Monthly Archives: January 2007

Spatial Thinking: Understanding Your Data

Think of spatial data as the fuel for your GIS engine.  It is fundamental to any spatial analysis.  On listservs, blogs, and in the ESRI Knowledge Base, discussions about data are commonplace.  The volume of spatial data available has increased dramatically as have the formats in which that data is stored, and the means by which that data is delivered to the user—via web-mapping services, servers, FTP sites, media, user-defined boxes and predefined tiles, and more. 

In this avalanche of spatial data, it is more important than ever to encourage students to fully understand the data they are using.  They tend to view anything on the computer as accurate and complete, including maps.  Maps are incredibly useful, but inherently full of errors and distortions, from the map projection, to missing data, to generalized lines.  Nowadays, anyone can make a digital map.  Help students understand that data quality affects subsequent analysis.  For example, in my lesson on plate tectonics (on http://www.esri.com/arclessons), I ask students to study 2001’s largest earthquake, below, at the arrow:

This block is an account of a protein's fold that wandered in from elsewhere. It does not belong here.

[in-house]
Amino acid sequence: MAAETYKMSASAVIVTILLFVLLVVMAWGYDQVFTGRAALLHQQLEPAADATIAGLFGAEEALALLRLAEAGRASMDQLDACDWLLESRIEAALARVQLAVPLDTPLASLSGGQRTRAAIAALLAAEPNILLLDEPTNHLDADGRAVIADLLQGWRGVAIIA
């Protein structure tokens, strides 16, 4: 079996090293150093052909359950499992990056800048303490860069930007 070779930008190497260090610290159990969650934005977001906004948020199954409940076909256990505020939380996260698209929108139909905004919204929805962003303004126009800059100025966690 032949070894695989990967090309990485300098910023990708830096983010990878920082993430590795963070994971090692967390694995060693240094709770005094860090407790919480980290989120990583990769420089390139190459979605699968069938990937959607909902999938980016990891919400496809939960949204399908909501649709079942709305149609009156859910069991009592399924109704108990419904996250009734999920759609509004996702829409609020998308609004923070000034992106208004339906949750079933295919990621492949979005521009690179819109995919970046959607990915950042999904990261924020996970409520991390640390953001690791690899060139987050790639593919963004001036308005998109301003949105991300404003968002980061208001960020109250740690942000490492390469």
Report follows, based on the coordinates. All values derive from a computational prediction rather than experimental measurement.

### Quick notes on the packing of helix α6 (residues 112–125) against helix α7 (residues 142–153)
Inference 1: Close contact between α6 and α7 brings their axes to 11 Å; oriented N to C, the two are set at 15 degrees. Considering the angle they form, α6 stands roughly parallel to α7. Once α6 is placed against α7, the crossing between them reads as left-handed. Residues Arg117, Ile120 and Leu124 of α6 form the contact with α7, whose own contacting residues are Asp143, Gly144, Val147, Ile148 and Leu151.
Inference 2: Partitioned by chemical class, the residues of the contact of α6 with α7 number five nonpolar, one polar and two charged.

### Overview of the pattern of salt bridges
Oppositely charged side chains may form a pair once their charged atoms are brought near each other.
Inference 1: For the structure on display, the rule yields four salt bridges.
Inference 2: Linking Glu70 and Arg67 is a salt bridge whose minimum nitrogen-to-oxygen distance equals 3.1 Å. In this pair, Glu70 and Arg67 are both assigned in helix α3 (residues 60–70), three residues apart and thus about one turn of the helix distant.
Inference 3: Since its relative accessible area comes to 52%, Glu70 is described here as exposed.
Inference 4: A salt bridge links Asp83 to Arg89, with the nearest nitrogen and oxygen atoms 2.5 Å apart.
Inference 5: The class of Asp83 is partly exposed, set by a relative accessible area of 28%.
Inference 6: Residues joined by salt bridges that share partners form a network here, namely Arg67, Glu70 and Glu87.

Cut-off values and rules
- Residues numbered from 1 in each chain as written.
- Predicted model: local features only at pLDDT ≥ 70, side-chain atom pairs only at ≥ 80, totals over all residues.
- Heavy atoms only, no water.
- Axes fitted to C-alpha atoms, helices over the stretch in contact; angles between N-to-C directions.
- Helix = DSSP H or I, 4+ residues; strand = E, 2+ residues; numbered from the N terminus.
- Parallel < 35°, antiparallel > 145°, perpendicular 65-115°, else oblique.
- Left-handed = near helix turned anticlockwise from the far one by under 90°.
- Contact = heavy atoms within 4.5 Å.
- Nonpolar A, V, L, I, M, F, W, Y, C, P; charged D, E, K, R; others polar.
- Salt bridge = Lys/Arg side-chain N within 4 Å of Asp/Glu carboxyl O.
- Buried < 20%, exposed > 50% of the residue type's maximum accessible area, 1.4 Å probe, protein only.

Students measure that the earthquake is 4 km off of the coast of Peru.  But then I ask them to consider the generalized coastline digitized at 1:30,000,000.  How confident are we that the earthquake was offshore?  Consider the length of the British coastline—the more detailed the scale, the longer the coastline becomes, because at larger and larger scales, it includes every cape and bay.  Peru’s coastline may actually twist and turn, so the earthquake could have occurred on the beach.  The “so what” and spatial thinking component continues with discussion of the impacts of coastal earthquakes versus underwater quakes. 

Encourage your students to be critical of spatial data—knowing its source, who produced it, when and why it was produced, the scale at which it was produced, and its content.   Show them how to create and access metadata.   They will then be able to critically evaluate spatial information and decide whether they will use it in their present and future decision making.

- Joseph Kerski, ESRI Education Manager

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